FDA urges caution with chicken jerky treats


The U.S. Food and Drug Administration (FDA) is seeing an increase in the number of complaints about dog illnesses associated with consumption of chicken jerky products imported from China.
 
In a warning posted Nov. 18, the FDA warns consumers that chicken jerky products for dogs in chicken tenders, strips or treats, could cause illnesses in dogs.

In September 2007, the FDA issued a cautionary warning about chicken jerky products followed by a Preliminary Animal Health Notification in December 2008. The FDA reports that the number of complaints dropped off near the end of 2009 and continued to decrease throughout 2010. In the last 12 months, however, the FDA says it is seeing complaints rise once again.
 
The FDA advises consumers to watch their dogs closely for symptoms of illness after feeding them chicken jerky products. The symptoms may occur anywhere within hours to days after feeding the dog the product.
 
Consumers and veterinarians should watch closely for the following symptoms:
 
· Decreased appetite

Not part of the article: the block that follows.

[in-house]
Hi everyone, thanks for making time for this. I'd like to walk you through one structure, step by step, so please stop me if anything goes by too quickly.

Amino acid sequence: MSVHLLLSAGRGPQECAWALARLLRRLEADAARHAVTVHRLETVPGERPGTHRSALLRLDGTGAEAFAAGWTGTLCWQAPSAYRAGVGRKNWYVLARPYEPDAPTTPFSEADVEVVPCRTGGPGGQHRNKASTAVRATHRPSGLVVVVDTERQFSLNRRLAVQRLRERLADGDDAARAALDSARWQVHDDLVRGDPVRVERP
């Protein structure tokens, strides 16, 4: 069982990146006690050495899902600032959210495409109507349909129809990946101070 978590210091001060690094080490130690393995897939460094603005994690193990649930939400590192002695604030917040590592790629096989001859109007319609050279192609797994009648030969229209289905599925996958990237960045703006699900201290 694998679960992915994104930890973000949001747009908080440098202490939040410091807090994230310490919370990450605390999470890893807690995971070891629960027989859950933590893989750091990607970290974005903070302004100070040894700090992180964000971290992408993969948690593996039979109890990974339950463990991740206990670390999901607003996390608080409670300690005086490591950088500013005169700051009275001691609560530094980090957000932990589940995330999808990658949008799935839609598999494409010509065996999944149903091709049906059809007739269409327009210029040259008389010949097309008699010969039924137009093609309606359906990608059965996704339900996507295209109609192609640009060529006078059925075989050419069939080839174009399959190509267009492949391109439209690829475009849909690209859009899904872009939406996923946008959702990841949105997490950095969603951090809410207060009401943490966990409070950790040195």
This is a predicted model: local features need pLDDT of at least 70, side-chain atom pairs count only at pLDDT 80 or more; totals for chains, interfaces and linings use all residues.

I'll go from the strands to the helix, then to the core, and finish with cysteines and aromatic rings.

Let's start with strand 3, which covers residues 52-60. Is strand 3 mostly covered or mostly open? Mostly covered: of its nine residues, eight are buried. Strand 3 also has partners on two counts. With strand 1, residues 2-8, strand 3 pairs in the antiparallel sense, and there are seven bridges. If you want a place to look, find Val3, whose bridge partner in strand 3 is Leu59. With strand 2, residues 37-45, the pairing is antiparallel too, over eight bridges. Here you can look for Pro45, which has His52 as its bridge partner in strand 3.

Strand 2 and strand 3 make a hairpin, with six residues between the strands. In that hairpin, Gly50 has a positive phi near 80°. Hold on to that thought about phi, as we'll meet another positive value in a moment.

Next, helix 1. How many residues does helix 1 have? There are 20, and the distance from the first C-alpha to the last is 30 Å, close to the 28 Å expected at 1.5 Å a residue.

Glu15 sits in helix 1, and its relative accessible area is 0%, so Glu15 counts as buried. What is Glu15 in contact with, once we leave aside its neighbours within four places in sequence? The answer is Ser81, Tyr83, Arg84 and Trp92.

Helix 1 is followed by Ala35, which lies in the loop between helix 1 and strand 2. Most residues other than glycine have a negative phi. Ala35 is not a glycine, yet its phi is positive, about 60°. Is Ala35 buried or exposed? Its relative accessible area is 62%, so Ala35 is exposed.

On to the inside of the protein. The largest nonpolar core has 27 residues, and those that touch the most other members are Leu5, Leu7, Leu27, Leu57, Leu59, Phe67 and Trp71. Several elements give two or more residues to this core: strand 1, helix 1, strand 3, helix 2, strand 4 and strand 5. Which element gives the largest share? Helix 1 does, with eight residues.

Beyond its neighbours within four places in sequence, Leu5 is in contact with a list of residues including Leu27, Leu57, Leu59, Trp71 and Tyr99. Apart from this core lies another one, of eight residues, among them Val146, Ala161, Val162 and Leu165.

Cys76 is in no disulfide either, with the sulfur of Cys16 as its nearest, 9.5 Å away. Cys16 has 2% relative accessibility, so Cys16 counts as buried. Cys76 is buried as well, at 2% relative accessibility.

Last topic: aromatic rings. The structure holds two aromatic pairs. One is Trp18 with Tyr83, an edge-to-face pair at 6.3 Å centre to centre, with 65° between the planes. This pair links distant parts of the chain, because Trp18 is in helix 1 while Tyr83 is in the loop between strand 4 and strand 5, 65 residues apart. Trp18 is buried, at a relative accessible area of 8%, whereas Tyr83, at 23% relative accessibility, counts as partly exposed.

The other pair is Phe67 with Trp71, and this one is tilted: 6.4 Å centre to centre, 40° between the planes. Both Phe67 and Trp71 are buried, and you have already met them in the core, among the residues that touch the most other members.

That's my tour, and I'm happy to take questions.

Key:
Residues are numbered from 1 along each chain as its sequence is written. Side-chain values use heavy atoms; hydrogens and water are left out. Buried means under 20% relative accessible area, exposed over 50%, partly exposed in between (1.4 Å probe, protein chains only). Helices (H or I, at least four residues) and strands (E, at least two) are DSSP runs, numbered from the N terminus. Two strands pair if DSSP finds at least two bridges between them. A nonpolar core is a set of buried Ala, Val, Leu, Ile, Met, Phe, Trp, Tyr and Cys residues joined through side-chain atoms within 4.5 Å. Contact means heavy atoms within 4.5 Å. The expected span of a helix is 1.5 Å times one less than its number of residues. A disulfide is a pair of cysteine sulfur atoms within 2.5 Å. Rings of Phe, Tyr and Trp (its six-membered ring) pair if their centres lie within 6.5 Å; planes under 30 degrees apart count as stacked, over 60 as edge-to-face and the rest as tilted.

· Decreased activity
 
· Vomiting
 
· Diarrhea (sometimes with blood)
 
· Increased water consumption
 
· Increased urination
 
The FDA is recommending that pet owners consult their veterinarian if these symptoms are severe or persist for more than 24 hours.

Many reports to the FDA have shown that blood tests could indicate kidney failure, and that urine tests may indicate Fanconi syndrome (increased glucose). Some reports have also involved dogs that died.
 
FDA scientists have been unable to determine the cause of the illness, and have failed to identify a contaminant despite chemical and microbial testing.
 
Veterinarians and pet owners can report cases of animal illness associated with chicken jerky products to the FDA Consumer Complaint Coordinator in their state, or report a pet food complaint online.


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